The degradation of livelihoods, droughts and floods, among other consequences of climate change, are factors that exacerbate conflicts in Africa, according to several experts.
The experts gathered in Rabat on Monday, 2 December 2019, as part of the fourth edition of the Africa Security Forum, sponsored by His Majesty King Mohammed VI.
“The consequences of climate change are particularly destructive to societies that lack effective crisis management mechanisms or institutions,” said El Ghasim Wane, a senior AU official.
The Mauritanian diplomat who believes that there is no direct link between climate change and conflicts, however, underlines the “need to deepen our knowledge on the nature of the link between climate change, on the one hand, and peace and security on the other.”
Failing at this, he argues, will make it difficult to bring lasting solutions to the phenomena of climate change on the continent.
Among other recommendations, the former Assistant Secretary-General for Peacekeeping Operations of the African Union insists on producing “African knowledge about the issues facing the continent” and “the long-term commitment of leaders on the issue of climate change.”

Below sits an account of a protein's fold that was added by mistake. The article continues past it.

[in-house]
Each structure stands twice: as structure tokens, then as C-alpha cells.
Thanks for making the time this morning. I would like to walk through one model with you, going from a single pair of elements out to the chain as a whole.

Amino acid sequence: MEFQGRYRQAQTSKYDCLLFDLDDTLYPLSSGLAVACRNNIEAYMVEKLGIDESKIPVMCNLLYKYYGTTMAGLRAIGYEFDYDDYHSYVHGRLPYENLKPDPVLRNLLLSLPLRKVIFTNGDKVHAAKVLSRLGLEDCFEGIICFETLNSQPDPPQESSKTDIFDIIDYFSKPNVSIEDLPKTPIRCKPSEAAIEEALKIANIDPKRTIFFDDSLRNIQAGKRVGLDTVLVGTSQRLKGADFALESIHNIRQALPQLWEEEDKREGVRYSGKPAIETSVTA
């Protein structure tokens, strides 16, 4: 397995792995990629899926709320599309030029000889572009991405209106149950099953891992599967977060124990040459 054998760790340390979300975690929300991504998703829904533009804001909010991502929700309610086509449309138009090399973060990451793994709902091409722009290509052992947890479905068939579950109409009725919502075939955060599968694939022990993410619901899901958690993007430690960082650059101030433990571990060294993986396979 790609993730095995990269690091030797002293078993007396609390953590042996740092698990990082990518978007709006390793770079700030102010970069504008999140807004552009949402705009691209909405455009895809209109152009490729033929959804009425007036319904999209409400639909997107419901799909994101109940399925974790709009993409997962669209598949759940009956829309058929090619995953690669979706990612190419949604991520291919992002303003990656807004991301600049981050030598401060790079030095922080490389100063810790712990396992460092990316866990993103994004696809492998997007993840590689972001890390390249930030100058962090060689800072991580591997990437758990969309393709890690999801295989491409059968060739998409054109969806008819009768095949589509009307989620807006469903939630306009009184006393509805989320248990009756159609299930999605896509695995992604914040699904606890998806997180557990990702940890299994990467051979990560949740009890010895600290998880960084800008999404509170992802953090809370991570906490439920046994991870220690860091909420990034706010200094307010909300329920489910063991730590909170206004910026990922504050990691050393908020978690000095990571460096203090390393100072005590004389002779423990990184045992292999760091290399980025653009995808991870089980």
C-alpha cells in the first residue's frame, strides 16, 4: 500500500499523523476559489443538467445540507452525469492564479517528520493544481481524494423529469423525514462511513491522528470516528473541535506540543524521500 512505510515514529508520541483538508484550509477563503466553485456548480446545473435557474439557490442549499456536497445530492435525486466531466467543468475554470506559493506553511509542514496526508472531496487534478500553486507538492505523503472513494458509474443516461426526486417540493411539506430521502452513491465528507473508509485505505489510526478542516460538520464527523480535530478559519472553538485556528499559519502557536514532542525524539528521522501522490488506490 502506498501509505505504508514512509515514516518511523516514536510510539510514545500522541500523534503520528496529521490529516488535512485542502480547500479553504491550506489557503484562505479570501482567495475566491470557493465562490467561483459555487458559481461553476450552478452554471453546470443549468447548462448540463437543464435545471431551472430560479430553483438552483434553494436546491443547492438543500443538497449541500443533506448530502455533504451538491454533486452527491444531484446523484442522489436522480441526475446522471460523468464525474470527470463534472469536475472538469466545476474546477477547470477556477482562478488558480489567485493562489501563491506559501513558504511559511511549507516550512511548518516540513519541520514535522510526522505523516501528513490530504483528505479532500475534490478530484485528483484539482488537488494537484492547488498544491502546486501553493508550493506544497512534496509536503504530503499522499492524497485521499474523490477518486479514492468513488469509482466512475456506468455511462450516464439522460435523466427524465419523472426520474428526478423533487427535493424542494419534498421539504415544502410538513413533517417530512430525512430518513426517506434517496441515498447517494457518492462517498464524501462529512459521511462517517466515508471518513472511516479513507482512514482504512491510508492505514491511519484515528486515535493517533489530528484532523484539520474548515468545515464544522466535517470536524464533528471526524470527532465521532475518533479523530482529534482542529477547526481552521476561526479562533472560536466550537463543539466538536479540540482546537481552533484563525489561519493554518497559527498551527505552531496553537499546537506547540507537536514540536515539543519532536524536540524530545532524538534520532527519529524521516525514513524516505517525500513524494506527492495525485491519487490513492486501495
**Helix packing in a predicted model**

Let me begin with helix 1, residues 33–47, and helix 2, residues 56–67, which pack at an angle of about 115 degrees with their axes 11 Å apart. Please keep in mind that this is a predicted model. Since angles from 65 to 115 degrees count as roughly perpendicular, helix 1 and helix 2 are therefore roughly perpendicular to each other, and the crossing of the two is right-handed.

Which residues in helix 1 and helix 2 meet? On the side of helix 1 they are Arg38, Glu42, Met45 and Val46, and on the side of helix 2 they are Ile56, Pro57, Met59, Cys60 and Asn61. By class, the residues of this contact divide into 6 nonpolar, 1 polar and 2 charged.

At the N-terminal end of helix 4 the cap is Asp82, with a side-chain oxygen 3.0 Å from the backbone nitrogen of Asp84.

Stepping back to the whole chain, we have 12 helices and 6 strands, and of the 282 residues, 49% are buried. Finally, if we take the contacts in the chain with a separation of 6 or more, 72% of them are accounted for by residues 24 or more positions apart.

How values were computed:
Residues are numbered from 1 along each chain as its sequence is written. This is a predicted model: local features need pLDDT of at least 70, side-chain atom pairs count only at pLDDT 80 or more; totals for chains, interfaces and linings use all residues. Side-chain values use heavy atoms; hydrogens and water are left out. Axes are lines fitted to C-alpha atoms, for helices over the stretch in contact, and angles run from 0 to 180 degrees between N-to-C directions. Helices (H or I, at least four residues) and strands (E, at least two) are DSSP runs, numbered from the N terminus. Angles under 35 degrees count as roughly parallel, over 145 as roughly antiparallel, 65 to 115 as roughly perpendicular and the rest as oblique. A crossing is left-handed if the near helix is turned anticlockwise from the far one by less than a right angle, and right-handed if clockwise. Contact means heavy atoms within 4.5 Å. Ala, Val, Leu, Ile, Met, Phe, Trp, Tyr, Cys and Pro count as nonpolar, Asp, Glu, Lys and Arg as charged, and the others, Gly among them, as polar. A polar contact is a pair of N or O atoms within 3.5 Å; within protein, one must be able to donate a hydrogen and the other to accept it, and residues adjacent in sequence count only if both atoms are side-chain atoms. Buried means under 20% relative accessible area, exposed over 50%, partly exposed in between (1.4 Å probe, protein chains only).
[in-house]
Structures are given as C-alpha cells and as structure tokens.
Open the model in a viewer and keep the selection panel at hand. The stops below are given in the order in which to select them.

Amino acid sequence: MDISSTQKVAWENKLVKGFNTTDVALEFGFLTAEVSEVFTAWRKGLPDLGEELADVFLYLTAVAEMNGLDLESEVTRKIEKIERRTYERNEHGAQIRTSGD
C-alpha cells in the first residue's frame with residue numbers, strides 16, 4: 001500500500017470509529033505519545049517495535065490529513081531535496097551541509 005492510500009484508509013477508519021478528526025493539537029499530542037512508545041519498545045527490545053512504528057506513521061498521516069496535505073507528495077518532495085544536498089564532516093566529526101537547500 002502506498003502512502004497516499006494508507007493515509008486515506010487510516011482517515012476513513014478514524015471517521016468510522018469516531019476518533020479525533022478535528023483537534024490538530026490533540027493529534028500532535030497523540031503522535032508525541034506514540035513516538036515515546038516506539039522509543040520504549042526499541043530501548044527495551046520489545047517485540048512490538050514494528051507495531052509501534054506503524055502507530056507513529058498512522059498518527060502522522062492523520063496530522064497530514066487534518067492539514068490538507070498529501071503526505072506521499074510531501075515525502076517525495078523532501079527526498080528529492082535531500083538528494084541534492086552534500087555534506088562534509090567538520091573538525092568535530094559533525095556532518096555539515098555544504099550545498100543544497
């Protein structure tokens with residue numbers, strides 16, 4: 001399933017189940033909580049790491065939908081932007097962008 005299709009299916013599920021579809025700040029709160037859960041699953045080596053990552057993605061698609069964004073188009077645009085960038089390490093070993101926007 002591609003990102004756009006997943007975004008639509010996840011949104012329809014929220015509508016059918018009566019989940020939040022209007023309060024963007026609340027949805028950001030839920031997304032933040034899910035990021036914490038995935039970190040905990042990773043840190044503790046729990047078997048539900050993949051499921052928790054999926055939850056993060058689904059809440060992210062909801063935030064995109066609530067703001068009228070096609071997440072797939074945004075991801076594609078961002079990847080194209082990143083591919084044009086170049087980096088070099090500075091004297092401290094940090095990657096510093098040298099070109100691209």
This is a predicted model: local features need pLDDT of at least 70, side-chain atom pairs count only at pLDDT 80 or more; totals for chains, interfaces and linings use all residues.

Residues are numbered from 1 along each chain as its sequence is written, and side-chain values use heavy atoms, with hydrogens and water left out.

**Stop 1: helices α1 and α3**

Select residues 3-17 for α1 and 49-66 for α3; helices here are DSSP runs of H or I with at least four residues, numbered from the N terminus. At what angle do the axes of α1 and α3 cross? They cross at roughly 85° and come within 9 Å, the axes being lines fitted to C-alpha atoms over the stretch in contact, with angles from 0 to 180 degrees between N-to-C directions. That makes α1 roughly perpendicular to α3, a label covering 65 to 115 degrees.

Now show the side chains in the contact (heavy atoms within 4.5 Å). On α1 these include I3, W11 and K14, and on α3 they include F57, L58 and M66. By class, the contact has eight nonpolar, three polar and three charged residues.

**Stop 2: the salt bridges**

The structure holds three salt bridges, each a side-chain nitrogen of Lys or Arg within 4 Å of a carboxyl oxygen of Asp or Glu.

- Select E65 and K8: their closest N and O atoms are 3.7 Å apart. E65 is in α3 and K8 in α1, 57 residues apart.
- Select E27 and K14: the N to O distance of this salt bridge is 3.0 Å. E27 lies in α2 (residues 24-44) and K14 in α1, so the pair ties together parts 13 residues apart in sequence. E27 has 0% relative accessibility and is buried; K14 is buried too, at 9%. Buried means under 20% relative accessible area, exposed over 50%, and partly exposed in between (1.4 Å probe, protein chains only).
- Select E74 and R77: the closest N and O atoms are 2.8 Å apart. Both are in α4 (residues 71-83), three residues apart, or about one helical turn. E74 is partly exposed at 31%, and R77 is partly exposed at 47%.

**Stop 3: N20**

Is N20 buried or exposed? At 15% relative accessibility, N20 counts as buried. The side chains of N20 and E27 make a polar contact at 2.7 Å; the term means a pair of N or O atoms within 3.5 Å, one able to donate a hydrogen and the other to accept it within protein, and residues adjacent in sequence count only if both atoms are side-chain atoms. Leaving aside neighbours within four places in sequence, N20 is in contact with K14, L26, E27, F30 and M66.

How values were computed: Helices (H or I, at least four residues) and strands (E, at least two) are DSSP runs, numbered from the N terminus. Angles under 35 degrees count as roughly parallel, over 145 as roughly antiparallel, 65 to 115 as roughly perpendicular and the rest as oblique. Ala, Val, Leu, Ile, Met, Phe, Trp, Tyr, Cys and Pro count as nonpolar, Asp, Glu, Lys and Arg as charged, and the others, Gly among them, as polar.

The degradation of natural resources, due to extreme weather conditions, is also a factor that contributes to the spread of terrorism.
In the Sahel, for example, heads of state have quickly established a direct link between security and development.
“At the moment, the fight against food insecurity goes hand in hand with the fight against terrorism,” the Deputy Director of the National Center for Strategic and Security Studies (CNESS) of Niger, Garba Abdoul Aziz, acknowledged.
He believes that young Africans who do not have jobs are more sensitive to some slightly violent and radical discourses.
“By creating the conditions of employment and participation of young people in the development of our countries, I think that a large part of our problems will be solved,” the Nigerien expert added.
Co-organized by the Atlantis Research and Strategic Studies Center and the International Forum for Security Technology (FITS), this security forum ended on Tuesday, 3 December 2019.
More than 350 experts from some 60 countries, including 35 from the African continent, are working on three main themes of the meeting’s central theme: Food Security and Water Management, Population Growth and Agricultural Development, and Anticipation of Tomorrow’s Solutions.